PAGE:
Tangka---Treasure of the Tibetan Culture

If you happen to be interested in the Tibetan culture and are planning the best Tibet tours at present, you must have searched so many relative posts online in order to know more about Tibet. Have you ever noted one kind of artwork named “Tangka”? It’s worth learning to help you explore Tibetan culture, especially Tibetan Buddhism better.

A Tibetan Tangka

What is Tangka?
Tangka is a type of scroll painting made of silk, satin or cloth, then framed and hung for worship by the Tibetan people. As a unique art in Tibetan culture, the contents of the painting refer to many fields including Tibetan history, politics, culture and social life, such as the Buddhist themes, historical events, folktales, and myths, etc. But the Tangka that you can see nowadays are mostly based on the scriptures of Tibetan Buddhism and Bon Religion.

Distinctive national features, strong religious overtones, unique art style, are the three biggest characteristics of Tangka. The traditional pigments used for Tangka are powder of precious mineral gems like Gold, Silver, Pearl, Agate, Coral, etc. mixed with Saffron or other natural plants. These nature materials assure the bright color and continuity for keeping more than hundreds of years. That’s why Tangka is regarded as the treasure of Chinese national painting art, as well as “the Encyclopedia of Tibetans”. In the old times, the Tibetan nobles even use the pearl to make Tangka, there is one in Trundruk Monastery as the priceless treasure. In 2006, Tangka was indexed in the list of China's Intangible Cultural Heritage.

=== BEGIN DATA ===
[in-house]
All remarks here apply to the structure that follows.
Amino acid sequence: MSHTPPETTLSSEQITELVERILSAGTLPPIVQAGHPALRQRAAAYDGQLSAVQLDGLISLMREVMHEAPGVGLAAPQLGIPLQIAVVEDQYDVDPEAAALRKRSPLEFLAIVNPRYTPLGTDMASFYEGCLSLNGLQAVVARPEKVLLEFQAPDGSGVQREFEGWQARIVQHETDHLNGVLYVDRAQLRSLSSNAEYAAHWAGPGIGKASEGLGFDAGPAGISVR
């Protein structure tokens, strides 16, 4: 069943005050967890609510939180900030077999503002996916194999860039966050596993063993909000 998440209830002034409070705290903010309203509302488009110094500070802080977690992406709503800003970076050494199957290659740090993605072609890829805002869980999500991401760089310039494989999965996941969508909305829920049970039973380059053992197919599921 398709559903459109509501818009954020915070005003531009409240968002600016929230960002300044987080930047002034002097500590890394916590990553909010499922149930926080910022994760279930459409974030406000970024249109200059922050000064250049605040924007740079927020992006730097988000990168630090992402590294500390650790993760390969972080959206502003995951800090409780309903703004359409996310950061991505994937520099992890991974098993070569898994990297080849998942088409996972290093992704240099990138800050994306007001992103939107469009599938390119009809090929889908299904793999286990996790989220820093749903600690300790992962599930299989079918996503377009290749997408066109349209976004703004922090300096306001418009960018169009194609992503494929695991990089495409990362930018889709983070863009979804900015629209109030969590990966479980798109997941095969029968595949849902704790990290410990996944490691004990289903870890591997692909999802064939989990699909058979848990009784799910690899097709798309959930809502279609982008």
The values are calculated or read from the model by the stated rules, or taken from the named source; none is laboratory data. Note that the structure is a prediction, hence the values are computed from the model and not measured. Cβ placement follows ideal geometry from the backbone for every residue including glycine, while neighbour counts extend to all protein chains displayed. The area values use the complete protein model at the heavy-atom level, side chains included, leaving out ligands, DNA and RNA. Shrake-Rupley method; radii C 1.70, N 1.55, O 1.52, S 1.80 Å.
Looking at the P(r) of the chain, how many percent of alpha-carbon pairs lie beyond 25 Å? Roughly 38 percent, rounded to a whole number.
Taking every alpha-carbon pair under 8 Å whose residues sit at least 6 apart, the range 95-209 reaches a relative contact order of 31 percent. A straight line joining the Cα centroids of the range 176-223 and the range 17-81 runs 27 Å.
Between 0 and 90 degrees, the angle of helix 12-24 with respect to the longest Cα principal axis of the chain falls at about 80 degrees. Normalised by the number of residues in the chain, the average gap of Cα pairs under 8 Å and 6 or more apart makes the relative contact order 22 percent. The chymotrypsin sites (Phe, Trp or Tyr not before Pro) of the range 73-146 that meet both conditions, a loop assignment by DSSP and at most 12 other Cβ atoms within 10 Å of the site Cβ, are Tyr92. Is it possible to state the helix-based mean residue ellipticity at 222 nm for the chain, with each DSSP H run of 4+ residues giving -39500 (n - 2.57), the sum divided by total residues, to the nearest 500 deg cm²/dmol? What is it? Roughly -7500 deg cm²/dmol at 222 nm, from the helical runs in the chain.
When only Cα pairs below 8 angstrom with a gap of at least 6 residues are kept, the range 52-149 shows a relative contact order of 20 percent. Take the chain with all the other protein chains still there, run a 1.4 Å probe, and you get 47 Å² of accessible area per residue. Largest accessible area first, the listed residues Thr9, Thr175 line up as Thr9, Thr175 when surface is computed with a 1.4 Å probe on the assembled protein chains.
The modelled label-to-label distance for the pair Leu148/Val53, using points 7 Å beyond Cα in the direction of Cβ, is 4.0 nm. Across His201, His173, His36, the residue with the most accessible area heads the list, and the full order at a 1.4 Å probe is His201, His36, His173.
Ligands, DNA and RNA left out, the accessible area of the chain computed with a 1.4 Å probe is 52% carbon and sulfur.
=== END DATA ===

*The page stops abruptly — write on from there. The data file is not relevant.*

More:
A Tibetan Tangka with a Goddess

Regarding the origin of Tangka, there is no uniform conclusion in academia. Generally, there are four main views as follows:
1.     Proposed by Du Qi, an Italy scholar, Tangka was introduced to Tibet from India along with the pass of Buddhism. He pointed out that Tangka was originated from an ancient Indian religious cotton painting named “Bo Tuo”. He has two important arguments. One is the same basic cotton cloth painting material, the other is the same ratio of length to width.
2.     Chinese scholar Jisheng Xie has a contrary opinion that Tangka was influenced by the painting art of Han nationality. According to his book - “The Origin of Tangka”, during the Tang Dynasty, Tubo (the ancient name of Tibet) had close contact with Han nationality in both economy and culture. That’s when the Tibetan people started to learn scroll painting from Dunhuang, Gansu province.
3.     It’s based on the Tibetan legend story. The fifth Dalai Lama wrote a book, “Sakyamuni. Crystal Mirror”, which mentioned that the great 33rd. King of Tibet - Songtsen Gampo drew a picture of Goddess Lucky by using his nosebleed. Then the living Buddha framed this picture and hung it in the Monastery, there come the first Tangka in Tibet. This view was admitted in the Tibetan academia and believed by most Tibetan locals.
4.     The last view is that Tangka is originated from the Bon religion. The monks of Bon used to preach by carrying a portative cloth painting, which was the embryonic form of Tangka.


The normal size of Tangka is 750x500mm, while some bigger one is 3500x1100mm. The biggest Tangka in Tibet is the one with 500 square meters that kept in Drepung Monastery and can be seen once in a year on the first day of the Shoton Festival.

The huge Tangka opened on the hillside back of Drepung Monastery during the Shoton Festival